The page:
September 2, 2014

HB 12-1244: Requiring the Department of Local Affairs to Develop an Inventory of Local Governments

On February 7, 2012, Rep. Ray Scott and Sen. Joyce Foster introduced HB 12-1244 – Concerning an Inventory of Local Governmental Entities Maintained by the Department of Local Affairs and, in Connection Therewith, Requiring the Inclusion of Certain Information in the Inventory. This summary is published here courtesy of the Colorado Bar Association’s e-Legislative Report.

The bill requires the department of local affairs to update its on-line inventory of local governmental entities with certain information, including information about local governmental entity agents authorized to receive notices of claims under the “Colorado Governmental Immunity Act.”

Filing a notice of a claim arising under the act with a person listed as an agent in the inventory is deemed to satisfy requirements for filing such notice. Service to the most recently listed registered agent is deemed valid if the local governmental entity failed to timely update its registered agent information. The bill passed out of the House on February 28 and is assigned to the Local Government Committee. Committee review is scheduled for Tuesday, March 20 at 2 p.m.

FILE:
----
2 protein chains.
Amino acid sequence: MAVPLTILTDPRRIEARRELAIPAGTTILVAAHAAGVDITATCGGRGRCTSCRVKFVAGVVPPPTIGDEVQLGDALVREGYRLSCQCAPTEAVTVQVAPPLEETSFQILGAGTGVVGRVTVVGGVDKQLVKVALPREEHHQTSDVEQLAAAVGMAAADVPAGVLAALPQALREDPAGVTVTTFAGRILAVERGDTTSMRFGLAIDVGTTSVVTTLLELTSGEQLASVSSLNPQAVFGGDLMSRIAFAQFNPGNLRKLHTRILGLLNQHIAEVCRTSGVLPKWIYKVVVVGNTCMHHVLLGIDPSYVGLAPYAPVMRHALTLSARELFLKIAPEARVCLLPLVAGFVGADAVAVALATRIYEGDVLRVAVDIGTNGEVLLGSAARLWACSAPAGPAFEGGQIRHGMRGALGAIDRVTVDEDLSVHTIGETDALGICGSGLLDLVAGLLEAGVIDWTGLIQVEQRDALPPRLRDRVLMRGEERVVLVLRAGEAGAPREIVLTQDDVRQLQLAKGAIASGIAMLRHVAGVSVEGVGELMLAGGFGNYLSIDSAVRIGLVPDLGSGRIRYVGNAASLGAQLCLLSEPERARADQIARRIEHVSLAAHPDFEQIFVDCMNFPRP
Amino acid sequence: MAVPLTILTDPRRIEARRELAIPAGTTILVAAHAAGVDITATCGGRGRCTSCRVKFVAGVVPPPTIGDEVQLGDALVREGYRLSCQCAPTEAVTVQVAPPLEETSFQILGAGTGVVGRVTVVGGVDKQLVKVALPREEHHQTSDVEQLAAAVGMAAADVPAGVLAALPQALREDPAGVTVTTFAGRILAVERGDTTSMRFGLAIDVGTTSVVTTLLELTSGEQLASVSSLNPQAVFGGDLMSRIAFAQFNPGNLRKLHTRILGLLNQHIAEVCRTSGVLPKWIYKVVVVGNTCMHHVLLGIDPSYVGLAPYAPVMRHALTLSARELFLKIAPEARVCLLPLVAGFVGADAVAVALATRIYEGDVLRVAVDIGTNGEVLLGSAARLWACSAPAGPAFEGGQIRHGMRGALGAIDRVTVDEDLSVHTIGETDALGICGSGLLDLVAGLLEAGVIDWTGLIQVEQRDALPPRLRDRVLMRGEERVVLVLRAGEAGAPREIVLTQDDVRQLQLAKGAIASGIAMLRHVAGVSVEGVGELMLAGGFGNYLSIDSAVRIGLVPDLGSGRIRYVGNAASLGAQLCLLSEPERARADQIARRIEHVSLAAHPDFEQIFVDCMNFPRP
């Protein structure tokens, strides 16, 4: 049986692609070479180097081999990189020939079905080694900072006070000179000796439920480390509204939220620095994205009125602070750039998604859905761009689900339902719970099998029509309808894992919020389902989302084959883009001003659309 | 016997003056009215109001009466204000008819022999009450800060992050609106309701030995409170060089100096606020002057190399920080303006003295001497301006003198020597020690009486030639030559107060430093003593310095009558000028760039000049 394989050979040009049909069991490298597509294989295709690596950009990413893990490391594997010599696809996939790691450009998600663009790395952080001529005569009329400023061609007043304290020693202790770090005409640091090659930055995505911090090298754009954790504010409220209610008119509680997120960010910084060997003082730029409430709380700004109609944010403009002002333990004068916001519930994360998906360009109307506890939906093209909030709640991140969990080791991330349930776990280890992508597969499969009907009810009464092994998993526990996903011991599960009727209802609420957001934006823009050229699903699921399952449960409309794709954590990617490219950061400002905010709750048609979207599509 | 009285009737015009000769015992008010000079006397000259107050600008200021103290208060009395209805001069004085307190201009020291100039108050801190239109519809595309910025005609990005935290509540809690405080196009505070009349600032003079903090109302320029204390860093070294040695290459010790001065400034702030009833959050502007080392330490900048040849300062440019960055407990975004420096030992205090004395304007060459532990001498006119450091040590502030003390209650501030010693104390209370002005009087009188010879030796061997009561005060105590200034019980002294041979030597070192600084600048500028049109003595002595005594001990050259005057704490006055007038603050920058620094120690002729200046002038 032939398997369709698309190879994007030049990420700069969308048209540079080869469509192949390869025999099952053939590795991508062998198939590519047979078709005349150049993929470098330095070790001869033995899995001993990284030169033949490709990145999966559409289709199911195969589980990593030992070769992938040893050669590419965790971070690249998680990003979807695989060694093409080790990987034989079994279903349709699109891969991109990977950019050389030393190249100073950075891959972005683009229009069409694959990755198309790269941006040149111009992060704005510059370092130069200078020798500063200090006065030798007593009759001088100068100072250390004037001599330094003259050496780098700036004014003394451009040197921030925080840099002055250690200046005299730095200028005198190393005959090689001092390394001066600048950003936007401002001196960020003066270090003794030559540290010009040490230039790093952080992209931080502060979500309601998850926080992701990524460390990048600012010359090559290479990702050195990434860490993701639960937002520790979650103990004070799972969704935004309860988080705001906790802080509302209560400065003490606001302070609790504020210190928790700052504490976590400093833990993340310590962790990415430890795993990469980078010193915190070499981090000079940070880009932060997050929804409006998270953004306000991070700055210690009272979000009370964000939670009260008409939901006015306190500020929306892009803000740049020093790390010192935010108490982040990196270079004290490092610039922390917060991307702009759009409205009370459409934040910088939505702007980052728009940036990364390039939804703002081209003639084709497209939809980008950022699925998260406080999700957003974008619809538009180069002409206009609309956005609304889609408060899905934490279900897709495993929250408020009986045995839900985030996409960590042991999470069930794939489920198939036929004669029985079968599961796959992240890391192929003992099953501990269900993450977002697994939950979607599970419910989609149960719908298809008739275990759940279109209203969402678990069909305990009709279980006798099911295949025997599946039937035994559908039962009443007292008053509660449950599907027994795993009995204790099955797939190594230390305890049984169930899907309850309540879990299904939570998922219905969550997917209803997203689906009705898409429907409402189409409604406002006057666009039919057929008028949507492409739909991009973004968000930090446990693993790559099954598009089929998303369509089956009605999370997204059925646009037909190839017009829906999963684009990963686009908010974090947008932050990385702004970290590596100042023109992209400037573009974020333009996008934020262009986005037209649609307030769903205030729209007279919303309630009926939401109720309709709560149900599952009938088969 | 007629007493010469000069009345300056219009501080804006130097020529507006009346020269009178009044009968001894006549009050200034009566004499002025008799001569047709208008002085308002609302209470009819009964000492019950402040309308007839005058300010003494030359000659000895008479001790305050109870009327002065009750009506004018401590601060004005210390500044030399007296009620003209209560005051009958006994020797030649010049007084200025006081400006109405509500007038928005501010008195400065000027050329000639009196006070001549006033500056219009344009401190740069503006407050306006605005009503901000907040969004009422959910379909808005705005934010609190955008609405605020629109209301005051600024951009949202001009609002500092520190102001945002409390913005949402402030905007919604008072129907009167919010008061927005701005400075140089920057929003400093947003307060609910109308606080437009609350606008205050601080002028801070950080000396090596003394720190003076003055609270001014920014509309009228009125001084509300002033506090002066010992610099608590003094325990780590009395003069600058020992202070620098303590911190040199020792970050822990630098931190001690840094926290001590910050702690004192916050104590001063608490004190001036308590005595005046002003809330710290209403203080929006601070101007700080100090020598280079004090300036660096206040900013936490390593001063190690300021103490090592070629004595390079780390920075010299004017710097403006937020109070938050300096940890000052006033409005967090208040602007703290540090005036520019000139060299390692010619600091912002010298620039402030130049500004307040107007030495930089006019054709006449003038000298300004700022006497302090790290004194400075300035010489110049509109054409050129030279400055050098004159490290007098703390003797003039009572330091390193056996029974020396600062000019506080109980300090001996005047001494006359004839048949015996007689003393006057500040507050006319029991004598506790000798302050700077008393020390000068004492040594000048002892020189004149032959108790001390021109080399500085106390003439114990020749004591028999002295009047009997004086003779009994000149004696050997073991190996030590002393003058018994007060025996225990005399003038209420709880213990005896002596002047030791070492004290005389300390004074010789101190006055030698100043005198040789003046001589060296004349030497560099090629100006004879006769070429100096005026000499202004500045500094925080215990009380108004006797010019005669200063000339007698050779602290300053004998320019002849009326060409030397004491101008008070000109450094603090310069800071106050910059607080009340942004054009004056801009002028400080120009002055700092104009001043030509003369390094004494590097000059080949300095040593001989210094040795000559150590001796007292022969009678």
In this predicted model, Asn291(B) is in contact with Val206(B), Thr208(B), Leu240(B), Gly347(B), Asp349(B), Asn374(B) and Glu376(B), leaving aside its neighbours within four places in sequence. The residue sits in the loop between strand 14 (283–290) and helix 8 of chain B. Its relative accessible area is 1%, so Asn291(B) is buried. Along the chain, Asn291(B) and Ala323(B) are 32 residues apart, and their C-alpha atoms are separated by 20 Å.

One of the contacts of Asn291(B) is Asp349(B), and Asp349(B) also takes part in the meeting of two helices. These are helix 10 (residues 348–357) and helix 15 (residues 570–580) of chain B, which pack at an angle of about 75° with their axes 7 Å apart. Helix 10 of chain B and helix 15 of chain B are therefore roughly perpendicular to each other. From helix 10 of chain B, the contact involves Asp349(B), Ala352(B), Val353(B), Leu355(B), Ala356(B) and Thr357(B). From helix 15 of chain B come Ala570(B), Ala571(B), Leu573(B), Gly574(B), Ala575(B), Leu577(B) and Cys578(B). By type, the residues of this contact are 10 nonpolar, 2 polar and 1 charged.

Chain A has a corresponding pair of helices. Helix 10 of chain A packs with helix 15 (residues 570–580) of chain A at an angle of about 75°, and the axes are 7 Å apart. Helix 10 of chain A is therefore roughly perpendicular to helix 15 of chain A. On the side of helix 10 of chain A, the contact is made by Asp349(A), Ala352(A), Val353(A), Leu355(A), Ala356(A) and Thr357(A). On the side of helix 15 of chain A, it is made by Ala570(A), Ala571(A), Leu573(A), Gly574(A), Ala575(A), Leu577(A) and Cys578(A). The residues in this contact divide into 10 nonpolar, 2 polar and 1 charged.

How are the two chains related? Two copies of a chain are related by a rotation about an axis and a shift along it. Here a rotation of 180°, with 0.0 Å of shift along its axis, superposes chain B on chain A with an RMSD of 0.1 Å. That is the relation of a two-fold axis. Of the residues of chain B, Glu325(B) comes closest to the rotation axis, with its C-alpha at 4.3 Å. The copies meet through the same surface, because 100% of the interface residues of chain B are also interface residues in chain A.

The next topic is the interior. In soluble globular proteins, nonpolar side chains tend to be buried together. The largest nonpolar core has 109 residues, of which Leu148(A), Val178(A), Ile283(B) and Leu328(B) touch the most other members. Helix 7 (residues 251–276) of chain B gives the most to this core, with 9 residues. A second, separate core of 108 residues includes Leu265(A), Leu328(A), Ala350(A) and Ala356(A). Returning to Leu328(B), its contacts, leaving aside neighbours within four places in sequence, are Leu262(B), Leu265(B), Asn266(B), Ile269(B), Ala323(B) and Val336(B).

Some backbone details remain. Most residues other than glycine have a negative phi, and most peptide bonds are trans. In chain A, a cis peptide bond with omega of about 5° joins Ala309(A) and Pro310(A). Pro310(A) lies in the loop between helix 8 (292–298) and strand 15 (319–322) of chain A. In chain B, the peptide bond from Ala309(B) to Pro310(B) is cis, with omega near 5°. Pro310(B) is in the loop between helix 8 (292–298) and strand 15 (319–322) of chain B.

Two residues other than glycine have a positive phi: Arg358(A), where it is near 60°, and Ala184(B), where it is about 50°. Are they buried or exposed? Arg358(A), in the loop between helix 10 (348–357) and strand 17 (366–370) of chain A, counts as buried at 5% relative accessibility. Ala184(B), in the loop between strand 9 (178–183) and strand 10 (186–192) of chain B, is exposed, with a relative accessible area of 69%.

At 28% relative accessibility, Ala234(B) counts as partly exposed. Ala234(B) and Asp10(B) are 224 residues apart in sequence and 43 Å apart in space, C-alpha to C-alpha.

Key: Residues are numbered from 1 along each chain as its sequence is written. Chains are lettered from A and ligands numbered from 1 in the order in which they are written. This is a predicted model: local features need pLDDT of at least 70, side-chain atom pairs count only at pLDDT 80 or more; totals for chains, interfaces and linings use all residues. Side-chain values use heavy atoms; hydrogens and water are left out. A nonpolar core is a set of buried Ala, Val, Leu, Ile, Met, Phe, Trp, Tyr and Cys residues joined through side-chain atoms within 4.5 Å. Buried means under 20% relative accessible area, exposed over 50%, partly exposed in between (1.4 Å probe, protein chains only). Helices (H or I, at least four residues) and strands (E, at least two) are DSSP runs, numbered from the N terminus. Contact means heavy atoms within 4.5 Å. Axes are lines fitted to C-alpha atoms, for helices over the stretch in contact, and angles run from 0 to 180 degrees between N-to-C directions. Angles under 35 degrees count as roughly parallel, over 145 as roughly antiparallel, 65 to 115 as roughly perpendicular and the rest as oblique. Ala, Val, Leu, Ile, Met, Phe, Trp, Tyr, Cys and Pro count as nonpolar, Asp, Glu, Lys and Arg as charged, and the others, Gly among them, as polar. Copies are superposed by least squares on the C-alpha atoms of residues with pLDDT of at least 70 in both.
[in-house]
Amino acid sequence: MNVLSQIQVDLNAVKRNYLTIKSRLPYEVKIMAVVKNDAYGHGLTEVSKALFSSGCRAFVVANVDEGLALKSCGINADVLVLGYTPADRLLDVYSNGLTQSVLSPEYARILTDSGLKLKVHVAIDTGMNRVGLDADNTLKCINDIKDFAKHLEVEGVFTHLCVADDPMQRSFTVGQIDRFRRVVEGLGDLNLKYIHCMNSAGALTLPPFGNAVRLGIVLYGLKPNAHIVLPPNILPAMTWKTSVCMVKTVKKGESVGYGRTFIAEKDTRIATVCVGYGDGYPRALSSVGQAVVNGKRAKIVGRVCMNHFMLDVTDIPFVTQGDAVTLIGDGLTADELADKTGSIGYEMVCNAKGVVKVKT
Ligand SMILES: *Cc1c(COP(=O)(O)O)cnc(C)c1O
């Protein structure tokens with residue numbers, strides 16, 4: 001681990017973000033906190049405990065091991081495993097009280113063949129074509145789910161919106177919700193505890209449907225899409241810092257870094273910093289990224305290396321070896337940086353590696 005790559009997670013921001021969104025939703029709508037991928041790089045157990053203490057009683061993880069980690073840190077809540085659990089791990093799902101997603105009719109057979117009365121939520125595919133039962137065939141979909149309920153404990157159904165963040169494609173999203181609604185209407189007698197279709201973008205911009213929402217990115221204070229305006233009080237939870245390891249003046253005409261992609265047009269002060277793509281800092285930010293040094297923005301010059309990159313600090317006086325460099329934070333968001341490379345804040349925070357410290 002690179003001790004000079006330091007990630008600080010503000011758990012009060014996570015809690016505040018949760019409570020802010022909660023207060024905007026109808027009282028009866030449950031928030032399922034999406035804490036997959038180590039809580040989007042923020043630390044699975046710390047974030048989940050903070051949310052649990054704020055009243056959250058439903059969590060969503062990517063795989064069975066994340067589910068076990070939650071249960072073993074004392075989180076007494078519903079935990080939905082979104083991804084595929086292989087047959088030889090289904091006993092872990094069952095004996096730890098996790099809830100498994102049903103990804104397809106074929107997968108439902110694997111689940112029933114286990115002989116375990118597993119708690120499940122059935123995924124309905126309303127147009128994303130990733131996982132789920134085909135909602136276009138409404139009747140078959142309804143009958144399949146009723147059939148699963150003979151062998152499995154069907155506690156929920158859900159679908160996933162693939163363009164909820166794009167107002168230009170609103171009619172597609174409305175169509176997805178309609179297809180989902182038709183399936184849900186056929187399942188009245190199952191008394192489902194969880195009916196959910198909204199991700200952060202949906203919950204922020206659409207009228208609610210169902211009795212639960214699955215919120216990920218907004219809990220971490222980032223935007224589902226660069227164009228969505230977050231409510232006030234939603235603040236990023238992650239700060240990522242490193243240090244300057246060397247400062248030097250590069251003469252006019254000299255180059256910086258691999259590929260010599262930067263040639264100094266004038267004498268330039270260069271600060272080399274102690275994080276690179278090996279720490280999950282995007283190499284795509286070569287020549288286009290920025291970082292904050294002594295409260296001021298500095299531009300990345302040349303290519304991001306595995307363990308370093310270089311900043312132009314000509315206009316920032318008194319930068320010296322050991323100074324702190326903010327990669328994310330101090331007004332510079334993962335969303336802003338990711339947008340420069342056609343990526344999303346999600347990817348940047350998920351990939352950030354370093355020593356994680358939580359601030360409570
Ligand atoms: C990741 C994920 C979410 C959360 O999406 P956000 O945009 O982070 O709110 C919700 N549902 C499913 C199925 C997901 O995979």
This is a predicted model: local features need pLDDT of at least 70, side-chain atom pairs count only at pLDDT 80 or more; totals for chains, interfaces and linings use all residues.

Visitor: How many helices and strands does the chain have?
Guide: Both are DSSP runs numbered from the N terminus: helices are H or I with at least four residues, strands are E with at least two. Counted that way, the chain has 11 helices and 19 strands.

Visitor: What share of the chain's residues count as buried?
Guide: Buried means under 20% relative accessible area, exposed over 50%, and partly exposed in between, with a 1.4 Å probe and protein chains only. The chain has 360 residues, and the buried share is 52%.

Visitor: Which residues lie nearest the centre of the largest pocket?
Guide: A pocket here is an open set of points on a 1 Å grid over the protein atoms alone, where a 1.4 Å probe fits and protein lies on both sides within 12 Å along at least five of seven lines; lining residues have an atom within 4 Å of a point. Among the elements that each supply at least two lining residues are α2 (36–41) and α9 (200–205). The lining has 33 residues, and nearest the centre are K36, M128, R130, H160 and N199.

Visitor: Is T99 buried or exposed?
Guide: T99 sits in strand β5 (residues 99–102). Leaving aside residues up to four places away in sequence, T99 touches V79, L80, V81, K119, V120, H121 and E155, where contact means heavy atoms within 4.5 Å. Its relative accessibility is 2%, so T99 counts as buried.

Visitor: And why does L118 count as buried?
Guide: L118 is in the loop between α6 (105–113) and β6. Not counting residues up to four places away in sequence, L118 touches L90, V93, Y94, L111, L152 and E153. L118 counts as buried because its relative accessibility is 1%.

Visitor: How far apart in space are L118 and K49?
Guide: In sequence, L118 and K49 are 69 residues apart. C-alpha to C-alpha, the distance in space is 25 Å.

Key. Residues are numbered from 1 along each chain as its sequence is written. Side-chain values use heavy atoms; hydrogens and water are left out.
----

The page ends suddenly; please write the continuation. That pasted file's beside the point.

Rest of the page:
Summaries of other featured bills can be found here.

Tenth Circuit: Statute of Limitations for Government Easement Tolled Well in Advance of Plaintiff’s Lawsuit

The Tenth Circuit Court of Appeals published its opinion in George v. United States on Monday, March 5, 2012.

Plaintiff Ann George wanted to build a fence across her property, but the fence blocked a federal easement road accessing the Gila National Forest. The government objected to the fence based on federal regulations. In 2009, Ms. George filed a quiet title action to build the fence. The District Court ruled in favor of the government, holding that the statute of limitations had run on plaintiff’s claim. Plaintiff appealed.

A quiet title action has a statute of limitations of 12 years, and begins to run when “the plaintiff or his predecessor in interest knew or should have known of the claim of the United States.” 28 U.S.C. § 2409a(g). The Secretary of Agriculture published regulations in the Federal Register in 1977 prohibiting anyone from “placing . . . [a] fence . . . without a permit” anywhere in the “National Forest System” or on its “[f]orest development road[s] or trail[s].” 36 C.F.R. §§ 261.10(a); 261.1(a) (1977). Publishing a regulation in the Federal Register must be considered “sufficient to give notice of [its] contents” to “a person subject to or affected by it.” 44 U.S.C. § 1507.

The undisputed facts established that Mr. Hamilton, plaintiff’s predecessor in interest, reached an agreement with the federal government in 1979, in part establishing the easement road across which plaintiff wished to build a fence. Therefore, the statute of limitations began to run in 1979, when Mr. Hamilton “knew or should have known” about the regulations that had been published in 1977 prohibiting the construction of a fence on a forest road. Therefore, in 2009, plaintiff brought her claim 18 years too late.

The case was not decided on the merits. The court’s ruling had only to do with the statute of limitations. The judgment was affirmed.